According to the Hawaii Tribune-Herald, a nonpartisan candidate for House District 4 has complained to the Office of Elections about the primary election process and the burdens it places on nonpartisan candidates in order to advance to the general election. It’s an interesting story, especially this:
[In a letter to the Chief Elections Officer the candidate] says that no nonpartisan candidate in Hawaii’s history has ever advanced to public office in a partisan race.
However, that is not the same as arguing that “no nonpartisan candidate in Hawaii’s history has ever advanced to the general election,” which, in my opinion, more accurately describes the crux of the candidate’s complaint. I was unsure if that had ever happened, so I started looking through the general election results from the Office of Elections.
As it turns out, in 2006, at the General Election there was a nonpartisan candidate on the ballot for House District 30. That candidate received only 3.0% of the votes cast, trailing the Republican, the Democrat, and “blank votes.” (But beating the Green Party candidate.) What is more interesting, however, is that in reviewing the 2006 primary election you’ll find that the nonpartisan candidate only got 6(!) votes. According to the law, in failing to get at least 10% of the votes cast at the primary election for that race or, alternatively, failing to get at least as many votes as any partisan candidate in that primary race, that nonpartisan candidate should not have advanced to the general election. Weird. UPDATE: Actually, not so weird. See the comment from Dave Smith.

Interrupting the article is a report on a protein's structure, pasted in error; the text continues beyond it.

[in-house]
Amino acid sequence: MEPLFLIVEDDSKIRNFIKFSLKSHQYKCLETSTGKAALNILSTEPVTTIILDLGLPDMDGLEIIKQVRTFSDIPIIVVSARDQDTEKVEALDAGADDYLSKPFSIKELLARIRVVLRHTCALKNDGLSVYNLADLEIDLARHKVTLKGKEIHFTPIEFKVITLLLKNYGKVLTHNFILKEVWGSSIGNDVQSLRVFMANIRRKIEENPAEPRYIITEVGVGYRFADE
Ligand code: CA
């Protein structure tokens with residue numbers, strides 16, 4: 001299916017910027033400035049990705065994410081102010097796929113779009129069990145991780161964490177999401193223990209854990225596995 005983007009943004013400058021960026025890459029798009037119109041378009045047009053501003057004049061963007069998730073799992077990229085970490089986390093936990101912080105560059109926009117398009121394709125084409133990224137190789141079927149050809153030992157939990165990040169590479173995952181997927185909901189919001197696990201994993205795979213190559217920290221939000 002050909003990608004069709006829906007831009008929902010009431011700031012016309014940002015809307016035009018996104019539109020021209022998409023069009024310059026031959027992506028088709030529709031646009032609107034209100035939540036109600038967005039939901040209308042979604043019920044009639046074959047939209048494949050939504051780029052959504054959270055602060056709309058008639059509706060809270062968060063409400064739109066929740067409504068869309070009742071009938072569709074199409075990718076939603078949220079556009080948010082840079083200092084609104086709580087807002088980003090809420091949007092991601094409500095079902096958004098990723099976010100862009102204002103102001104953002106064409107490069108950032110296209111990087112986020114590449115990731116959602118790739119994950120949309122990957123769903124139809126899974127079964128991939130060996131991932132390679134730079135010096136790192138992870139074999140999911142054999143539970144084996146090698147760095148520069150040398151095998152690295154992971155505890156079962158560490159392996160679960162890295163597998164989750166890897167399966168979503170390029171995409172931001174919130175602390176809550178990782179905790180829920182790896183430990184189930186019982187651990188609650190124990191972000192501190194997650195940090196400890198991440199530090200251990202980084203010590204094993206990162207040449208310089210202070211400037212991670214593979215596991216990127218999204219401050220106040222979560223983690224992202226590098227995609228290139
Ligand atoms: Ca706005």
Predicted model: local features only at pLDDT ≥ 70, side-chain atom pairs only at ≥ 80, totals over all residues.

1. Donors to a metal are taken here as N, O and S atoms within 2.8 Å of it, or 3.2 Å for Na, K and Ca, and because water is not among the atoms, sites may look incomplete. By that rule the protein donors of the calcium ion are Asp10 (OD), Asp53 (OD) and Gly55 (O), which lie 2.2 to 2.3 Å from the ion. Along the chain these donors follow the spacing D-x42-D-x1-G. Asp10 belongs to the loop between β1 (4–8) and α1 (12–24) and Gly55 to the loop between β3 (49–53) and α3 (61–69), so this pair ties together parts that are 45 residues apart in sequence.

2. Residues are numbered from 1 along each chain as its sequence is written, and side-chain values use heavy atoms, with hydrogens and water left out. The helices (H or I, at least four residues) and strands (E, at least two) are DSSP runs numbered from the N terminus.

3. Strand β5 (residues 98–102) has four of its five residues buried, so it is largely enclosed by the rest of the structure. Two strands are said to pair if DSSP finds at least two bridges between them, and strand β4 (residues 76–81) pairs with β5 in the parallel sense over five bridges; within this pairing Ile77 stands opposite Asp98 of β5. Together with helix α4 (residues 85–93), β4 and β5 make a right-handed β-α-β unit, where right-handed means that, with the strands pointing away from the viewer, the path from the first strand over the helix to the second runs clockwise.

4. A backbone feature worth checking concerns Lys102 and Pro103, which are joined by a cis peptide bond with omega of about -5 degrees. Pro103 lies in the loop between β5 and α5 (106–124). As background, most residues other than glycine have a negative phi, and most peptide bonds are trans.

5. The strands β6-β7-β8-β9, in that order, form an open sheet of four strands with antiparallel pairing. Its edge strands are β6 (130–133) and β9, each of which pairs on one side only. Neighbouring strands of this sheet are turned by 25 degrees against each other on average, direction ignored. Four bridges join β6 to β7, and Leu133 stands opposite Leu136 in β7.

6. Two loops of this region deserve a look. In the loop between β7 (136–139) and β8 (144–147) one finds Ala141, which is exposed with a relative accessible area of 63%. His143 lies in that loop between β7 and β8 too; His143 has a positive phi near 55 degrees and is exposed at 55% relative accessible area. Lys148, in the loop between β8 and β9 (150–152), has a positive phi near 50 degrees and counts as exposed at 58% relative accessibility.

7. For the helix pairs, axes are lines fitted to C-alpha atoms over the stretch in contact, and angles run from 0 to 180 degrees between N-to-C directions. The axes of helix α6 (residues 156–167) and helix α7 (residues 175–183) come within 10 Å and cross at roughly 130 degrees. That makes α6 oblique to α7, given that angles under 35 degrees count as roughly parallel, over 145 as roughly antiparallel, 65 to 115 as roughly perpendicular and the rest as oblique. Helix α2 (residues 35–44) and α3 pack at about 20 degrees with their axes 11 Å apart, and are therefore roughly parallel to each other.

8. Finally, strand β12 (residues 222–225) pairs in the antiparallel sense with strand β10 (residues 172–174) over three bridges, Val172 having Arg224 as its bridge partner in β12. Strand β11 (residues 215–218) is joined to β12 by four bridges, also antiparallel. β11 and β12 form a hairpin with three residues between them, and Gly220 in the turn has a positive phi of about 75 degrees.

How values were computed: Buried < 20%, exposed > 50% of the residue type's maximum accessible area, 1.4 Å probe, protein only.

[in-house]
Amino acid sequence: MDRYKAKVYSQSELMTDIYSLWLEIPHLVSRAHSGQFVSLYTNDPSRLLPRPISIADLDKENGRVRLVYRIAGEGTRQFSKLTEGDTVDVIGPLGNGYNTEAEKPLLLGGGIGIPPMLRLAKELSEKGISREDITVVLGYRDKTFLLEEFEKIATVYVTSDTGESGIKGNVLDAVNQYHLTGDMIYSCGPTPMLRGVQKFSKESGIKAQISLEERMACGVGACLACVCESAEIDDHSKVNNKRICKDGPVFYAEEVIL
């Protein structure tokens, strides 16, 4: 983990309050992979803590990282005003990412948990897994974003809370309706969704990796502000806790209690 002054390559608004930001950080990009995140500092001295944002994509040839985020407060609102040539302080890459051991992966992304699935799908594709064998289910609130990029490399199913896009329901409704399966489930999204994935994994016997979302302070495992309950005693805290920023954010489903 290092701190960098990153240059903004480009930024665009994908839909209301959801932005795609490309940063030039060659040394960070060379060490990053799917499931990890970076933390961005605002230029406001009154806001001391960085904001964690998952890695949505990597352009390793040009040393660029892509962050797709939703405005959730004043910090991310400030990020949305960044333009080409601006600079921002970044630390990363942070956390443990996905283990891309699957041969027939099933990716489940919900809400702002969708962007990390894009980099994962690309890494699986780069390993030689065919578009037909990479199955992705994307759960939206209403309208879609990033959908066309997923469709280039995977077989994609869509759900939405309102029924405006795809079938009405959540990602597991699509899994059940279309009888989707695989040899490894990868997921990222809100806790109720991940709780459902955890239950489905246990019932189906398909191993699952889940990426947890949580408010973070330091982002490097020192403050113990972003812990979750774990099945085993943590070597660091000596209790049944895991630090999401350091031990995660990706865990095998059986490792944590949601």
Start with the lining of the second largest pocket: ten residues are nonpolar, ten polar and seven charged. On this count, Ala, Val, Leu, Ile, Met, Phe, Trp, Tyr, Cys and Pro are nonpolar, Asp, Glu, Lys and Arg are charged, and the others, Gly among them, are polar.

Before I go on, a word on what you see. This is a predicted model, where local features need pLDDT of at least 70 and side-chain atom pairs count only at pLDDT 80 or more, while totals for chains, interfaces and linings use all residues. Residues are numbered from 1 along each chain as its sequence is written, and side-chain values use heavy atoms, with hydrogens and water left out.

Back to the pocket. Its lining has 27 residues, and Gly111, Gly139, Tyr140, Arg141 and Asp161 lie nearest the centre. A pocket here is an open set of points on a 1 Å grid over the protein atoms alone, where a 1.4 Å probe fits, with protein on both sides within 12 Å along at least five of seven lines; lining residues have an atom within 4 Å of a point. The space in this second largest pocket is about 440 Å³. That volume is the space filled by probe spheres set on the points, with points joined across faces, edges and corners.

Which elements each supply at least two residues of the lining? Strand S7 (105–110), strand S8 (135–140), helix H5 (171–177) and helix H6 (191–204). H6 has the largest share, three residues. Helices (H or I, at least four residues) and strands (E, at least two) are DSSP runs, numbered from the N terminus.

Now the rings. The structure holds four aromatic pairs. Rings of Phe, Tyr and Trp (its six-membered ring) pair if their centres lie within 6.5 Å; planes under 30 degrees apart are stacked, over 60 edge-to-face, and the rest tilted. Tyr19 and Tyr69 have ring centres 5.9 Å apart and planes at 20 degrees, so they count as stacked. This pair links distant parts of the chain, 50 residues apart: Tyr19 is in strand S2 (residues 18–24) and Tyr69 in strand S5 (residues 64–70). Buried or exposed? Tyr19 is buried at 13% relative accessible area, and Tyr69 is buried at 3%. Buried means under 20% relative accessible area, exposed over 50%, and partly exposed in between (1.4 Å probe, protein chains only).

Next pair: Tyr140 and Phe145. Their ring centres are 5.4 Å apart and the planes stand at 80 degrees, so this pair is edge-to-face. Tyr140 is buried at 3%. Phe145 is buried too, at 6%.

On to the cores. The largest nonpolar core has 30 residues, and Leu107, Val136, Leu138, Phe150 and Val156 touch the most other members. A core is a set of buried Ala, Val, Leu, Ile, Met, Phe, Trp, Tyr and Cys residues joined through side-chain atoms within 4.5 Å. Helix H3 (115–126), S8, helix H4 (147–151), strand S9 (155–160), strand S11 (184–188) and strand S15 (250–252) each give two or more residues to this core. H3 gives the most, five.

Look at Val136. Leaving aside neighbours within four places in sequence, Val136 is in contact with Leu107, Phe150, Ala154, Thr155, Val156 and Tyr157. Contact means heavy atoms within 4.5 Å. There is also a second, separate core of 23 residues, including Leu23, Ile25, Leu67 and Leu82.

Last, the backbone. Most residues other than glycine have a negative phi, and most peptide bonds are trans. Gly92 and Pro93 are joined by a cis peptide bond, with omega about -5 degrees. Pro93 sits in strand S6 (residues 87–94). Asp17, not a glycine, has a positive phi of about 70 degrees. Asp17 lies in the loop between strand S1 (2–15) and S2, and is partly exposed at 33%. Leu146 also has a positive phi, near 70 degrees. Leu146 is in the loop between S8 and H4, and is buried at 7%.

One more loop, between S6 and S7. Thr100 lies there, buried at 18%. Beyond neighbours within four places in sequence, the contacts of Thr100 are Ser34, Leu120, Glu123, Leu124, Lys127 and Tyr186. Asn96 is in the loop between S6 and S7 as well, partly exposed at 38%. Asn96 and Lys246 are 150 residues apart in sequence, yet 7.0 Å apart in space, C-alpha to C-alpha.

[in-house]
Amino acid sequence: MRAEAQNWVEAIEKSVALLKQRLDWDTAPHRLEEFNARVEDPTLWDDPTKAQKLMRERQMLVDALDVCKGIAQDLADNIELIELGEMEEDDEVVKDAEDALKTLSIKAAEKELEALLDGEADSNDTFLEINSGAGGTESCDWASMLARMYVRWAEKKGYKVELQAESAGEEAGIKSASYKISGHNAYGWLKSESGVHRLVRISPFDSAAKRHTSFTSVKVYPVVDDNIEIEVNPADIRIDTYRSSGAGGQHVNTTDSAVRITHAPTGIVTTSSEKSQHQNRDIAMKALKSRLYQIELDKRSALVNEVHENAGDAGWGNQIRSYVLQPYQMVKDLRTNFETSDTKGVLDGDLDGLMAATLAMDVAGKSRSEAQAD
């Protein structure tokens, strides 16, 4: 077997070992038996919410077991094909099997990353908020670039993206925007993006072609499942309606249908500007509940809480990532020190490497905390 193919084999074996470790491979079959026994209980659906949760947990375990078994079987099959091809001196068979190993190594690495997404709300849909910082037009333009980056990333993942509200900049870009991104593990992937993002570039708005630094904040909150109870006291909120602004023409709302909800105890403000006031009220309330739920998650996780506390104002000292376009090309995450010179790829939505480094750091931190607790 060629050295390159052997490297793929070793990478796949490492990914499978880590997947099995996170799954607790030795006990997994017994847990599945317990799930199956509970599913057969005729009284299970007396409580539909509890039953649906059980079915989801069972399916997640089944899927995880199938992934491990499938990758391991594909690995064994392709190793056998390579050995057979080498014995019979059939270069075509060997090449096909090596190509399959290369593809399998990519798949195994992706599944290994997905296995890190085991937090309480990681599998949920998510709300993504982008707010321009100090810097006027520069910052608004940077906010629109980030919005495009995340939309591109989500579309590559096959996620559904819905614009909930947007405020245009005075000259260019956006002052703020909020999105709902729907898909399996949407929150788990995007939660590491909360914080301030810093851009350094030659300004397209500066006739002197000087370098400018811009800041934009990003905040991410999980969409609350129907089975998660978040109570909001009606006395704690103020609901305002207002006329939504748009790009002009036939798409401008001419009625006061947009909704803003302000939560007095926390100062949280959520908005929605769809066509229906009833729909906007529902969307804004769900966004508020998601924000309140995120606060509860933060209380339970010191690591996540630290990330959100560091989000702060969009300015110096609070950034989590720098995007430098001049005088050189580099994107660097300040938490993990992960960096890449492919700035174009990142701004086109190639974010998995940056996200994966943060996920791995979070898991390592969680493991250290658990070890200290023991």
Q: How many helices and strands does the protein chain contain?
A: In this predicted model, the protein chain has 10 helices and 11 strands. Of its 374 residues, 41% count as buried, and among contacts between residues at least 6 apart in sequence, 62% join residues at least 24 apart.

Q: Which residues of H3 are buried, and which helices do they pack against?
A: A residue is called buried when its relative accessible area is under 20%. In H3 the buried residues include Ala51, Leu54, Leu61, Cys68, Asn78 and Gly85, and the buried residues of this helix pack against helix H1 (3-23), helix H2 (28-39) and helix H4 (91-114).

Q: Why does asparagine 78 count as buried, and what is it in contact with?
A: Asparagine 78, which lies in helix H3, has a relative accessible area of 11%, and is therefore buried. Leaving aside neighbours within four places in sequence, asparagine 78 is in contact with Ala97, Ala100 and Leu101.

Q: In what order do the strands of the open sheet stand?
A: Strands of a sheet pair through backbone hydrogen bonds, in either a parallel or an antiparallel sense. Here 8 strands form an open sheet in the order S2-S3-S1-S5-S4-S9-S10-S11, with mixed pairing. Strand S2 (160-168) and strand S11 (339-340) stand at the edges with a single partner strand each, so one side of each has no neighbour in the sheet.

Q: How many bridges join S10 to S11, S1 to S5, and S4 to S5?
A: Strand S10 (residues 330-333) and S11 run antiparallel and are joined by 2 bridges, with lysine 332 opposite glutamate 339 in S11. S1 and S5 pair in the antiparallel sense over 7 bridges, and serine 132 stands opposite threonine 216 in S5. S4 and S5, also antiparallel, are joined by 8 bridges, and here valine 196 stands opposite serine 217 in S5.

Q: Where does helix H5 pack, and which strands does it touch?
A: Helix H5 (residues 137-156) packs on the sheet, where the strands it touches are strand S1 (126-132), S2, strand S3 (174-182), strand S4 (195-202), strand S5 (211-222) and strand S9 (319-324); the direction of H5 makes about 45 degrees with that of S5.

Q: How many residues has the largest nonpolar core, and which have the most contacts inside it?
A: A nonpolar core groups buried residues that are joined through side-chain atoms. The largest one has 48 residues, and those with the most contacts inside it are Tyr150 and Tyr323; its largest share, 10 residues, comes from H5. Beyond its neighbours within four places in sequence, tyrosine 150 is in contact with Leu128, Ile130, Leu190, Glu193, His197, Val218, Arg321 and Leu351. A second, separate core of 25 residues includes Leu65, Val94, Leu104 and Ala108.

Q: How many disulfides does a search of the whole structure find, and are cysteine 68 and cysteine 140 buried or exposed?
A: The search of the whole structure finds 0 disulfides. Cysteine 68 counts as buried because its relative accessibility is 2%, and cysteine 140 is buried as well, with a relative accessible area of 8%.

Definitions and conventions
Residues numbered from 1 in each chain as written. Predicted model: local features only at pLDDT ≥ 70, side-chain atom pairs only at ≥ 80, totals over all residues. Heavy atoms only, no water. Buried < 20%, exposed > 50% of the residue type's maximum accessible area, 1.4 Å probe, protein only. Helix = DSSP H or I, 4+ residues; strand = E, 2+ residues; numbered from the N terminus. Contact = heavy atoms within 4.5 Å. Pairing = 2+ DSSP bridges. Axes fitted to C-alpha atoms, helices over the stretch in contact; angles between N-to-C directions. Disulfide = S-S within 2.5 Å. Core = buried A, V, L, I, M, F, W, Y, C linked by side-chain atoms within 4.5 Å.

Those oddities aside, I am sympathetic to the argument that the process is too burdensome for nonpartisan candidates. I’m not so sure what legal argument the complainant intends to make for a claim of the process being unconstitutional, though. The “case notes” in the HRS section cited above don’t bode well for that…
This disparity partially explains the “Free Energy,” “Natural Law,” “Best Party,” and other fringe parties we occasionally seen on the ballot. All it takes to start a political party is a petition, at least for the first time out. After that “free ride” election, such parties face disqualification if they don’t field candidates and get enough votes. But, at least for the first election, candidates of such fringe parties are guaranteed a spot on the general election ballot.